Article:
ForgeRock SDKs 3.3

Troubleshooting your JavaScript app

This section contains information on how to diagnose issues within the application, or with communication to the ForgeRock® Identity Platform.

How to fix cross-domain, authenticated-request failures?

As browsers continue to implement stricter privacy and security configurations, third-party cookies are commonly being disabled by default. Third-party cookies are defined by a web app and corresponding server sharing cookies with mismatched domains: example.app and server.com.

This is common when the ForgeRock® Identity Cloud is running on a ForgeRock provided domain, forgeblocks.com, and a web app is running on a separately hosted domain, company.com. When third-party cookies are disabled by the browser, the set cookie instruction sent by Identity Cloud on forgeblocks.com, such as the session cookie, to the web app on company.com will be ignored by the browser. Hence, the cookie will not be written. This will lead to subsequent requests requiring authentication to fail due to the missing cookie.

The Authorization Code Flow (OAuth 2.0) is one such request and the resulting error will resemble this:

SecurityError: Blocked a frame with origin "http://example.com" from accessing a cross-origin frame.
It’s worth noting that this isn’t a CORS configuration issue, even though this mentions "cross-origin". In most cases, this is due to a request to the /authorize endpoint resulting in a redirection within the iframe to the ForgeRock login page, due to the missing session cookie, which is not allowed to be rendered in an iframe for security reasons.

Use a shared parent domain

The best action to take is to ensure all entities of your system are on the same parent domain. This can be done by the use of subdomains with a shared parent domain often using a reverse proxy that routes a request to the appropriate application server. An example would be store.example.com, the web app, and accounts.example.com, the IAM server.

If a shared domain is not possible, the browser configuration will have to be changed.

macOS and iOS Safari workaround

In Apple’s Safari, third-party cookies are disabled by default. Disabling Prevent Cross-site Tracking in Safari’s privacy settings lets Safari use third-party cookies.

Safari’s privacy settings screenshot

Google Chrome and Incognito Mode workaround

Currently, in Google Chrome, third-party cookies are disabled when in Incognito mode by default. This can be fixed by changing the cookie setting from Block third-party cookies in Incognito to Allow all cookies in Chrome settings under Privacy and security > Cookies and other site data.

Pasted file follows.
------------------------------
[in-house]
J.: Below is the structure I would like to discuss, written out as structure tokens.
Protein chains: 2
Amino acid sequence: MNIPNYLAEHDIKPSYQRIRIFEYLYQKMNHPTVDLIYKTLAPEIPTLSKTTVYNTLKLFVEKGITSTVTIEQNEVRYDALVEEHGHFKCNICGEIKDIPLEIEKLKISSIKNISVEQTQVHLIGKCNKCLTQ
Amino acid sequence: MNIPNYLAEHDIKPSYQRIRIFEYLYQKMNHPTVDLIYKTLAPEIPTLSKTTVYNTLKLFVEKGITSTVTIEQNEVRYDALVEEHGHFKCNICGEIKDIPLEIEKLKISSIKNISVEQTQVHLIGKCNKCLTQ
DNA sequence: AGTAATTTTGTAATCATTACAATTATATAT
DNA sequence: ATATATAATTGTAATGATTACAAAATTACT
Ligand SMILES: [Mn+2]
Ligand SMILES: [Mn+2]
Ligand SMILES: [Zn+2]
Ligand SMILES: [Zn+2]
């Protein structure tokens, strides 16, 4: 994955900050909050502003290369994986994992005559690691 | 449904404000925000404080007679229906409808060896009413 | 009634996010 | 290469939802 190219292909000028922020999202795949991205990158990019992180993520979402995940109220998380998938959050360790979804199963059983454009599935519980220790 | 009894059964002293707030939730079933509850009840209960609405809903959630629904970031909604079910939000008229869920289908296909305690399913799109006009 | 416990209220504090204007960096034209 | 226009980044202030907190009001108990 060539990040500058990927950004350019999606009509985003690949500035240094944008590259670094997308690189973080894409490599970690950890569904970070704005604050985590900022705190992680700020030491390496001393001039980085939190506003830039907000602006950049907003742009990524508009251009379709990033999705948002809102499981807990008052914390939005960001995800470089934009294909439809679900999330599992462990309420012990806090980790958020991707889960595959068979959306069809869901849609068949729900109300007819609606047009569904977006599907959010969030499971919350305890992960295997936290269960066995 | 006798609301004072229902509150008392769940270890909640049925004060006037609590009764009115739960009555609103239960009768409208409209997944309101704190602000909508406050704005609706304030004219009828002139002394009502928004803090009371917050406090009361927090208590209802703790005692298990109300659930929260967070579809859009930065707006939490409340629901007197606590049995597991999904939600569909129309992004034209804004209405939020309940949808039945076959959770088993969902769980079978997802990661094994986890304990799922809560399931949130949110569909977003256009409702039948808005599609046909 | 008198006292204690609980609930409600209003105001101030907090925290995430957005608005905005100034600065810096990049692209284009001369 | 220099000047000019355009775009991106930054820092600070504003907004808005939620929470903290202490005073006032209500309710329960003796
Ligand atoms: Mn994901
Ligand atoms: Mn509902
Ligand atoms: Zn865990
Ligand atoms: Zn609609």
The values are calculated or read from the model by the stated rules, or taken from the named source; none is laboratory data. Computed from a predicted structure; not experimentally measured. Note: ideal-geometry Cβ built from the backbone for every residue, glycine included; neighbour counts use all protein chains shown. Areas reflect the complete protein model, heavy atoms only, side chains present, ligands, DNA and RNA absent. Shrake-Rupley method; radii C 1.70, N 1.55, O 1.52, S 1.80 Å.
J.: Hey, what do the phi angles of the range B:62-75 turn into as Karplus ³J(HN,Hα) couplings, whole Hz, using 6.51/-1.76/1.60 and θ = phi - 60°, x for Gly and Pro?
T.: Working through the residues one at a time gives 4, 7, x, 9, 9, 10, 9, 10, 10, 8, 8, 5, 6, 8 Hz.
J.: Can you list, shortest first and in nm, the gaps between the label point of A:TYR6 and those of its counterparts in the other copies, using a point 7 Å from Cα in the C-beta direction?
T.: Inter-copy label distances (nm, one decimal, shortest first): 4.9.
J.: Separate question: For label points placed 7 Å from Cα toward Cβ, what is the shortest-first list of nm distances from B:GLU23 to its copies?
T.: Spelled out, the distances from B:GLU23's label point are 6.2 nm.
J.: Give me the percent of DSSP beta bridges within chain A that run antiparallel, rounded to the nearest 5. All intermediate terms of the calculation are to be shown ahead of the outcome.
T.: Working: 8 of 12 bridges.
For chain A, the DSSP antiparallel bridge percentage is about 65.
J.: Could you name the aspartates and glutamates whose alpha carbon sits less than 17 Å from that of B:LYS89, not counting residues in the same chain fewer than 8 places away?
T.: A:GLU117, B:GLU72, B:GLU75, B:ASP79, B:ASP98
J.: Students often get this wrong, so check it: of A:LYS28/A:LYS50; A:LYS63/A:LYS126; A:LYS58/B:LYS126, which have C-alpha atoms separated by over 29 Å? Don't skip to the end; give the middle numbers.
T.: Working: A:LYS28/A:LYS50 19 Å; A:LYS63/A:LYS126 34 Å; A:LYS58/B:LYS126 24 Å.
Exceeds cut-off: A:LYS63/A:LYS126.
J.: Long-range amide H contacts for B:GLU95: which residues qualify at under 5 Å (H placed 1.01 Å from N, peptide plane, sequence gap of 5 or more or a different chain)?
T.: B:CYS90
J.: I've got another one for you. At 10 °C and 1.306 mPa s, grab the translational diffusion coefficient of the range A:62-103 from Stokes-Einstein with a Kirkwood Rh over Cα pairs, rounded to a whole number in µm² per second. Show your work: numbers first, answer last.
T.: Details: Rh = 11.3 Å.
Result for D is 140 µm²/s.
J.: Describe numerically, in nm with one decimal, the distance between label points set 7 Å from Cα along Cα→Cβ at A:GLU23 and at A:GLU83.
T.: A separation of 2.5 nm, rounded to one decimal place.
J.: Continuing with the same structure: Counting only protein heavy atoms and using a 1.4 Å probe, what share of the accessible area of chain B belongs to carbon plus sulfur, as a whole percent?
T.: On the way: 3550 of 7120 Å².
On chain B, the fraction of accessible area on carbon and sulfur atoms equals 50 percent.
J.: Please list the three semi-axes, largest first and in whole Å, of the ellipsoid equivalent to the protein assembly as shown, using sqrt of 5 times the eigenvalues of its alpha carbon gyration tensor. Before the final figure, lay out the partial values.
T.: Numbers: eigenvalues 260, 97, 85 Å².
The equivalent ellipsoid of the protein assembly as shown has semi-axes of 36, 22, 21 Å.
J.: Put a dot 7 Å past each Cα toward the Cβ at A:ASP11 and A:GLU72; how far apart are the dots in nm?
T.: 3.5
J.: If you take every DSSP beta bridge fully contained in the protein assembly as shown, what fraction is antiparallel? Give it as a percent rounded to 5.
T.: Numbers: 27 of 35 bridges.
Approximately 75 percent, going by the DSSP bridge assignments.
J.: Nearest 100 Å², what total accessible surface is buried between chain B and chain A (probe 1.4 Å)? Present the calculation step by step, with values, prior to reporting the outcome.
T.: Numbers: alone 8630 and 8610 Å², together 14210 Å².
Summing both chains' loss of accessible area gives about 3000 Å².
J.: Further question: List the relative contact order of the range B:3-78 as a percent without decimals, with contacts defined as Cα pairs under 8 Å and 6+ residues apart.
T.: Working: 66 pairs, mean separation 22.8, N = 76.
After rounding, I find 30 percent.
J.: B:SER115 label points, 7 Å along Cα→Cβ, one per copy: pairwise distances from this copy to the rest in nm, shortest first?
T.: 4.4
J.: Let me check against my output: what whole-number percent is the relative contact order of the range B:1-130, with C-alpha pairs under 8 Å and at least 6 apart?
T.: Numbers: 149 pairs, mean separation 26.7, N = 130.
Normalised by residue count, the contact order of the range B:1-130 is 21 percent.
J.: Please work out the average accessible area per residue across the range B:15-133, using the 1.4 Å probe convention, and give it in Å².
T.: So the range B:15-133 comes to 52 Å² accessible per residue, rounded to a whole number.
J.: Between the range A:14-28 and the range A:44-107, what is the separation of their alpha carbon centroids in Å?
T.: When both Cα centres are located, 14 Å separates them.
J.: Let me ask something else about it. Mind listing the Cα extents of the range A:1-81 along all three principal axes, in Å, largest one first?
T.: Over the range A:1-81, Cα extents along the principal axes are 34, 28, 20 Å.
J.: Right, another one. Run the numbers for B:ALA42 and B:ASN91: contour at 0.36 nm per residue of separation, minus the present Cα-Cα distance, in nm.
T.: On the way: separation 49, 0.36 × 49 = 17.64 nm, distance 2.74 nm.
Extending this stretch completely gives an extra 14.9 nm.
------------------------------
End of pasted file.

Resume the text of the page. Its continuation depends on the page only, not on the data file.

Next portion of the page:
Chrome’s cookie privacy settings screenshot

How do I enable "platform authenticators" in Safari (iOS and macOS)?

Apple’s latest operating systems (iOS 14 and macOS 11 as of this writing) place a strict requirement for the use of their Face ID and Touch ID (platform authenticators) on the web. The requirement is that a "user gesture" needs to be the trigger prior to, and directly associated with, accessing navigator.credentials, the Web Authentication (aka WebAuthn) API. If there’s not a clear connection between a "user activated event" and the access of the API, Apple will log a warning similar to the following:

User gesture is not detected.
To use the platform authenticator, call ‘navigator.credentials.get’ within user activated events.

This is essentially communicating that the call site of the credentials API needs to happen within the callback function of a user-activated event, like click, touch, keydown, and so on, as opposed to events like DOM load or routing-related events. If there’s too much elapsed time between the event and the API access, or the connection, scope or context of the event is cleared from the DOM or runtime, Apple will not allow the use of its platform authenticators.

Access to non-platform authenticators like roaming (USB) keys will still be available regardless of user activated events.

Solution

First, make sure the "user activated event," such as click, touch, keydown, and so on, precedes the calling of the credentials API, and the call site of the API happens within the event handler’s callback function. Calling the API after a routing event or a DOM load event will not work.

If the issue persists, ensure the DOM element with which the user interacts (button or link), the associated DOM event’s callback function, and its relationship with the credentials API call site is all preserved. Once the API has successfully been triggered, the DOM and event handler-related code can be cleared.

For more information, see this Webkit blog article: Meet Face ID and Touch ID for the Web.

How do I fix "a mutation operation was attempted on a database that did not allow mutations"?

This error message can occur if you are using Firefox’s Private Window mode, which prevents write operations to IndexedDB. For more information, see IndexedDB does not function in private browsing mode.

For version 2.2 and below, IndexedDB is the JavaScript SDK’s default storage mechanism for OAuth/OIDC tokens.

Solution

Because IndexedDB is not writable within Firefox’s private mode, ForgeRock recommends using either localStorage or sessionStorage. You can configure the use of either by setting the tokenStore value on the config object to your preferred option.

Here’s an example:

Config.set({
  // standard config settings ...
  tokenStore: 'localStorage', // Or, 'sessionStorage'
});
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